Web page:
Long viewed as an ideal transit stop to break up long haul journeys to South East Asia or Australia and New Zealand, the compactness of Singapore allows visitors to get the most of their short stays.
The varied geography and cosmopolitanism allows for various touring experiences catered to eclectic tastes ranging from the culinary to the historic. Both of which dovetails rather nicely when attempting to learn more about Singapore’s Muslim community.
If you are on the clock, the most effective is the three hour Makan Makan Walking Tour which focuses on Kampong Glam, an area long viewed as the island nation’s Muslim Quarter.
A 15-minute drive away (Dh78 with Uber) from the stylish boutique hotel M Social Singapore, in the quiet residential neighbourhood of Robertson Quay and 40 minutes away from the airport, the tour's meeting point is the Malay Heritage Centre just on the perimeter of the pedestrian district.
It is 10am and I arrive just after the latest downpour; hence the stately venue’s spice garden - located just inside its arched gates and beside the wooden pagodas - pack an extra punch.
One particular familiar scent catches my attention. Amongst the ebullient greenery - home to a wide assortment of aromatic plant life ranging from blue ginger and bale leaves to turmeric and black pepper - lies a shrubbery of wild red flowers.
I grab a leaf and take a deep whiff; the clove spice immediately evokes memories of my favourite tea café back in Abu Dhabi. “Today, we call this a spice garden,” my chirpy guide Abdul Rahim notes. “But 700 years ago, this was considered gold by our Arab friends.”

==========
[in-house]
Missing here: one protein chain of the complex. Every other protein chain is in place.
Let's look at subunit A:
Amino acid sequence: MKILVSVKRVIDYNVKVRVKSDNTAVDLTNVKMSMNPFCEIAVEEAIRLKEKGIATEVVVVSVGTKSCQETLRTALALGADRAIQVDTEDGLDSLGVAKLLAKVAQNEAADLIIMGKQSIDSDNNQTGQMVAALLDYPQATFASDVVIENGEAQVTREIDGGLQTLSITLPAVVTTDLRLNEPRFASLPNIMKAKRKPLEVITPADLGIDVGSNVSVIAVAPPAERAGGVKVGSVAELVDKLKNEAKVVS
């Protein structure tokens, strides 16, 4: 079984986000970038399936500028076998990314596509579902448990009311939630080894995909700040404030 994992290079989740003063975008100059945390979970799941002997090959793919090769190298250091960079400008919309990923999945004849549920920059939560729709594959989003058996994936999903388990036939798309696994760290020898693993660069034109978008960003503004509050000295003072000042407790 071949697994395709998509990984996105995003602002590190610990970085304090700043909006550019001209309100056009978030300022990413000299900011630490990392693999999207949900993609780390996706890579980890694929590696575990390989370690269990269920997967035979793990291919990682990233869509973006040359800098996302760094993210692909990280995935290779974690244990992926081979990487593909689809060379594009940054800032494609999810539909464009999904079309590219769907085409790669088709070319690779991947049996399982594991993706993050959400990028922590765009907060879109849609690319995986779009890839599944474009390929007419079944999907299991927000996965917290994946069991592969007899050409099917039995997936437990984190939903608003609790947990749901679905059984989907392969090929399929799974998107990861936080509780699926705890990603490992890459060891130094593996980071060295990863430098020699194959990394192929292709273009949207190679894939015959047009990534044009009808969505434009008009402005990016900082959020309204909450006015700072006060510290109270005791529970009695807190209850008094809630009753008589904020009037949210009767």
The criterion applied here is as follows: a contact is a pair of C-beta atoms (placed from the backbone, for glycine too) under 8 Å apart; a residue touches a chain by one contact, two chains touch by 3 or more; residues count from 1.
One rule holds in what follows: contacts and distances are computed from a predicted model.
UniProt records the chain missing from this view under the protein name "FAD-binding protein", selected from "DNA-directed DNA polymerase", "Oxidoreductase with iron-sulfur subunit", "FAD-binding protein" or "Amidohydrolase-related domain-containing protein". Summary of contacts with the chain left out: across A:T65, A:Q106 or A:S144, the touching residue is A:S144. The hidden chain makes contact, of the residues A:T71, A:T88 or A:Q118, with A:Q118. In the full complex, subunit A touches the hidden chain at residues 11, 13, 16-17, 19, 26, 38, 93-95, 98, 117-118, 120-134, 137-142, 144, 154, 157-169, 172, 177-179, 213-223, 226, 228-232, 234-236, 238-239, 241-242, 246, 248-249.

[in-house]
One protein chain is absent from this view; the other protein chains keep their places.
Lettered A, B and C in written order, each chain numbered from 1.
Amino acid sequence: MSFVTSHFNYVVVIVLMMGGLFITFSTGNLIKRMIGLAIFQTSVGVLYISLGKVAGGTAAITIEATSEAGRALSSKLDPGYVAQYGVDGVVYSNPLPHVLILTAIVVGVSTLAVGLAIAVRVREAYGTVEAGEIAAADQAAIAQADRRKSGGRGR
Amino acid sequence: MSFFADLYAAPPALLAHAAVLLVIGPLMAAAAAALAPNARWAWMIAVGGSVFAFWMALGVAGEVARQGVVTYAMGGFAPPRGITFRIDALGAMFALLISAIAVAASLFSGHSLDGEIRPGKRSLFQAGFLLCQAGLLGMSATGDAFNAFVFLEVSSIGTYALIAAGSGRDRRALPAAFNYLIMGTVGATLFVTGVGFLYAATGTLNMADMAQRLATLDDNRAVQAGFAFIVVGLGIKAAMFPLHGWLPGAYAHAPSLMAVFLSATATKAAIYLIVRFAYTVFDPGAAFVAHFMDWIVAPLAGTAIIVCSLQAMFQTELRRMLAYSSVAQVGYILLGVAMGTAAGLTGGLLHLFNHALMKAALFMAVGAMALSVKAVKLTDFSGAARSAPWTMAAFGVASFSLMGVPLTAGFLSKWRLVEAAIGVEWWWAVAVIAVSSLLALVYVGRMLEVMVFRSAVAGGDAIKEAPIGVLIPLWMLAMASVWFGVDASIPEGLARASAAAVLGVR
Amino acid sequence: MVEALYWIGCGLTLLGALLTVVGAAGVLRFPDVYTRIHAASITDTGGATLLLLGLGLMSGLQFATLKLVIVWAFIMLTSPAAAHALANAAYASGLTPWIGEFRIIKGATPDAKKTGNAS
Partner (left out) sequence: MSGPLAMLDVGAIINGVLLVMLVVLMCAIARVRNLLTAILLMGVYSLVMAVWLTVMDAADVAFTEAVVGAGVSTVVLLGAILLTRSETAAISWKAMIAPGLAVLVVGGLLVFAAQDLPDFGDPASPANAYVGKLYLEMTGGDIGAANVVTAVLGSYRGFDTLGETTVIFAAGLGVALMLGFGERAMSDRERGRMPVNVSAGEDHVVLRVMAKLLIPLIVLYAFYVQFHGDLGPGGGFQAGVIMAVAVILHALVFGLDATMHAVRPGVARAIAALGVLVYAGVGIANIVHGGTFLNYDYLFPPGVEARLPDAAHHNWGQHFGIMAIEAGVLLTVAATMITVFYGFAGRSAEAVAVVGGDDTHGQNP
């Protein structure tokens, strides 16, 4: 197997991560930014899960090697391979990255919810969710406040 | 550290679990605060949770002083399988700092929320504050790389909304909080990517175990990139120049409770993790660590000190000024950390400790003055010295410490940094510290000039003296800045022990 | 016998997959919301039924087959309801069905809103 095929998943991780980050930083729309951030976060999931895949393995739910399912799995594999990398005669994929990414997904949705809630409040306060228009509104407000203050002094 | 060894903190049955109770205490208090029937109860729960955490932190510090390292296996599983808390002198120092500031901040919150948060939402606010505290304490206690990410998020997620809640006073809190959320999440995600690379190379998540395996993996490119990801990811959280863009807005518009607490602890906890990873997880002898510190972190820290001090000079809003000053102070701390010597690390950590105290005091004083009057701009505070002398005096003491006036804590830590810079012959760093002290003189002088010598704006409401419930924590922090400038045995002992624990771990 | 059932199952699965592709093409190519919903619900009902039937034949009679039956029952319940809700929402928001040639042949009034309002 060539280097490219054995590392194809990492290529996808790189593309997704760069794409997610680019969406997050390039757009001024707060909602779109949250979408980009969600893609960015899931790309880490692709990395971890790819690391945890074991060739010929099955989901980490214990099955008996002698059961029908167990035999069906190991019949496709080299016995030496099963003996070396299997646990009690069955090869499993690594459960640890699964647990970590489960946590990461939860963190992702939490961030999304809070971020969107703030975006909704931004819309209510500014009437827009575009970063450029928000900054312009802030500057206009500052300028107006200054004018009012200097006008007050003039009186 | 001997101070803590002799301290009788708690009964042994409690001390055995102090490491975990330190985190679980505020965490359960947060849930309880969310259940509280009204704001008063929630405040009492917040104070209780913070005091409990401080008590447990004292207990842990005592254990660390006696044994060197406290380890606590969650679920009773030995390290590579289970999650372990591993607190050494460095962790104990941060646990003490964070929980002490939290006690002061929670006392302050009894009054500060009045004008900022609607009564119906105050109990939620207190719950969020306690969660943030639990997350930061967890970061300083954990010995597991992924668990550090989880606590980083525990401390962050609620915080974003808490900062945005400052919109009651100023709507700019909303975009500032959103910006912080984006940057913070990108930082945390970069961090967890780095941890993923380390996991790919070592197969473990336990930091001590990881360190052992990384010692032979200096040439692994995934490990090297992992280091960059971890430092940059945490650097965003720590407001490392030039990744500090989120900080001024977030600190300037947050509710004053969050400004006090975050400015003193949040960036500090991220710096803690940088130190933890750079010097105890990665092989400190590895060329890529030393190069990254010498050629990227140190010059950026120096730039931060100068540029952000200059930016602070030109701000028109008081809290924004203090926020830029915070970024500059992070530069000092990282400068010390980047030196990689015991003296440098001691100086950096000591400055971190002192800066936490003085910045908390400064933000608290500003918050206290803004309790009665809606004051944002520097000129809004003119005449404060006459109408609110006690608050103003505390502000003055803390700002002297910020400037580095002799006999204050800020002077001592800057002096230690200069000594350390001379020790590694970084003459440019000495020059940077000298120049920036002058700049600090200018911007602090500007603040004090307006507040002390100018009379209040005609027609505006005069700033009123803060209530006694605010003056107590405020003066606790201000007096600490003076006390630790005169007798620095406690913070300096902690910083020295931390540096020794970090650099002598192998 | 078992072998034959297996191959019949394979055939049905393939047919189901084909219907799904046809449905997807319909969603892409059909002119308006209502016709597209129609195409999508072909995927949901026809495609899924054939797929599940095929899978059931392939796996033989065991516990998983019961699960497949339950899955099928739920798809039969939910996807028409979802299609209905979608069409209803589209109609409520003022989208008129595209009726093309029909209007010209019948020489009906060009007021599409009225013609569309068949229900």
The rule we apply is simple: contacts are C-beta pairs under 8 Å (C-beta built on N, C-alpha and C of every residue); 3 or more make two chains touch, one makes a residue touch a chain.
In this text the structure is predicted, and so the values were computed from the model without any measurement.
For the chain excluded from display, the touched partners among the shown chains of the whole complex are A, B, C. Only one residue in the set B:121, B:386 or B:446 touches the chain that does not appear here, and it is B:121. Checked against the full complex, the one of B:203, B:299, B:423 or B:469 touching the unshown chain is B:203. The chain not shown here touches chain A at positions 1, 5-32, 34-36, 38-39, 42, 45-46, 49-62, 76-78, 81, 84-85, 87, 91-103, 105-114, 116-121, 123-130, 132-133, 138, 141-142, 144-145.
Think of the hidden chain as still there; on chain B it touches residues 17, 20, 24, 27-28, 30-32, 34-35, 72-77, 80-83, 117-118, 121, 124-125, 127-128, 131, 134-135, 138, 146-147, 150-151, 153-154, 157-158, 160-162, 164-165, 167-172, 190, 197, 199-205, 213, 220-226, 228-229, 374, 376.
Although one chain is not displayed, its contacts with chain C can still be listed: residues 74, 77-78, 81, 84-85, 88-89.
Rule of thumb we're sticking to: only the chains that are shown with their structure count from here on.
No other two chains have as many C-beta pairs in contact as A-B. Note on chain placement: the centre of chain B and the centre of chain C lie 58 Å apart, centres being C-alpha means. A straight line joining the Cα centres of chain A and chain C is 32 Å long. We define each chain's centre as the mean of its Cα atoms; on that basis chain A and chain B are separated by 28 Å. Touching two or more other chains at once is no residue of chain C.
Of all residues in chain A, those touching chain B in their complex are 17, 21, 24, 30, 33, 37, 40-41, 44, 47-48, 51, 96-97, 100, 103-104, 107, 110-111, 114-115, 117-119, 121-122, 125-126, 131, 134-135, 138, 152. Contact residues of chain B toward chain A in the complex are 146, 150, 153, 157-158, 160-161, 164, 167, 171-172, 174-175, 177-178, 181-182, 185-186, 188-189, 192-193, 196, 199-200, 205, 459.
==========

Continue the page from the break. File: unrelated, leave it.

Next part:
In addition to forming the base of Singaporean cuisine, spices play a similar role in understanding the country’s Islamic heritage. Like its South East Asian neighbours, Singapore came to Islam through trade.
Acknowledging its strategic location as a handy transit point between East and West – an element that continues to drive the Island nation’s economy – Arab traders from regions now considered the Gulf and Yemen used Singapore as a hub for the shipping of regional spices to Europe.
As Abdul Rahim states, it was a business as lucrative as it was heady. “Let me explain it to you this way,” he says. “The Arab merchants would send three ships at a time packed with spices to Europe. Now they knew that perhaps one or two could not make it due to pirates or bad weather, but if one of them made it to the other side then the Arab traders responsible were essentially set for life.”
As part of the tour, Abdul Rahim takes us through the district where the region’s cashed up-ancestors decided to intermarry with members of the Malay community and set up shop, literally.
But you need to use your imagination to recall a radically different time. Located north of the Singapore River, the Kampong Glam of old is far removed from its present standing as a funky hipster hub full or colourful art deco buildings, fashion houses, free-trade coffee shops and SG Lab, a halal burger joint inspired by the television drama Breaking Bad – where your non-alcoholic fizzy drink can be sweetened with syringe full of Blue Curacao syrup.
Powered by its illustrious Arab landowners and shopkeepers, Kampong Glam was initially a plethora of shabby yet bustling stalls and businesses selling all sorts of services from non-alcoholic ‘halal cosmetics’ to abayas, oud and honey.
One of the area’s major sources of revenue in relatively recent times, however, was its pilgrimage services. Once again, Singapore’s strategic location made it an ideal point of departure for regional worshippers heading for the hajj in Mecca in the 1960s and 1970s.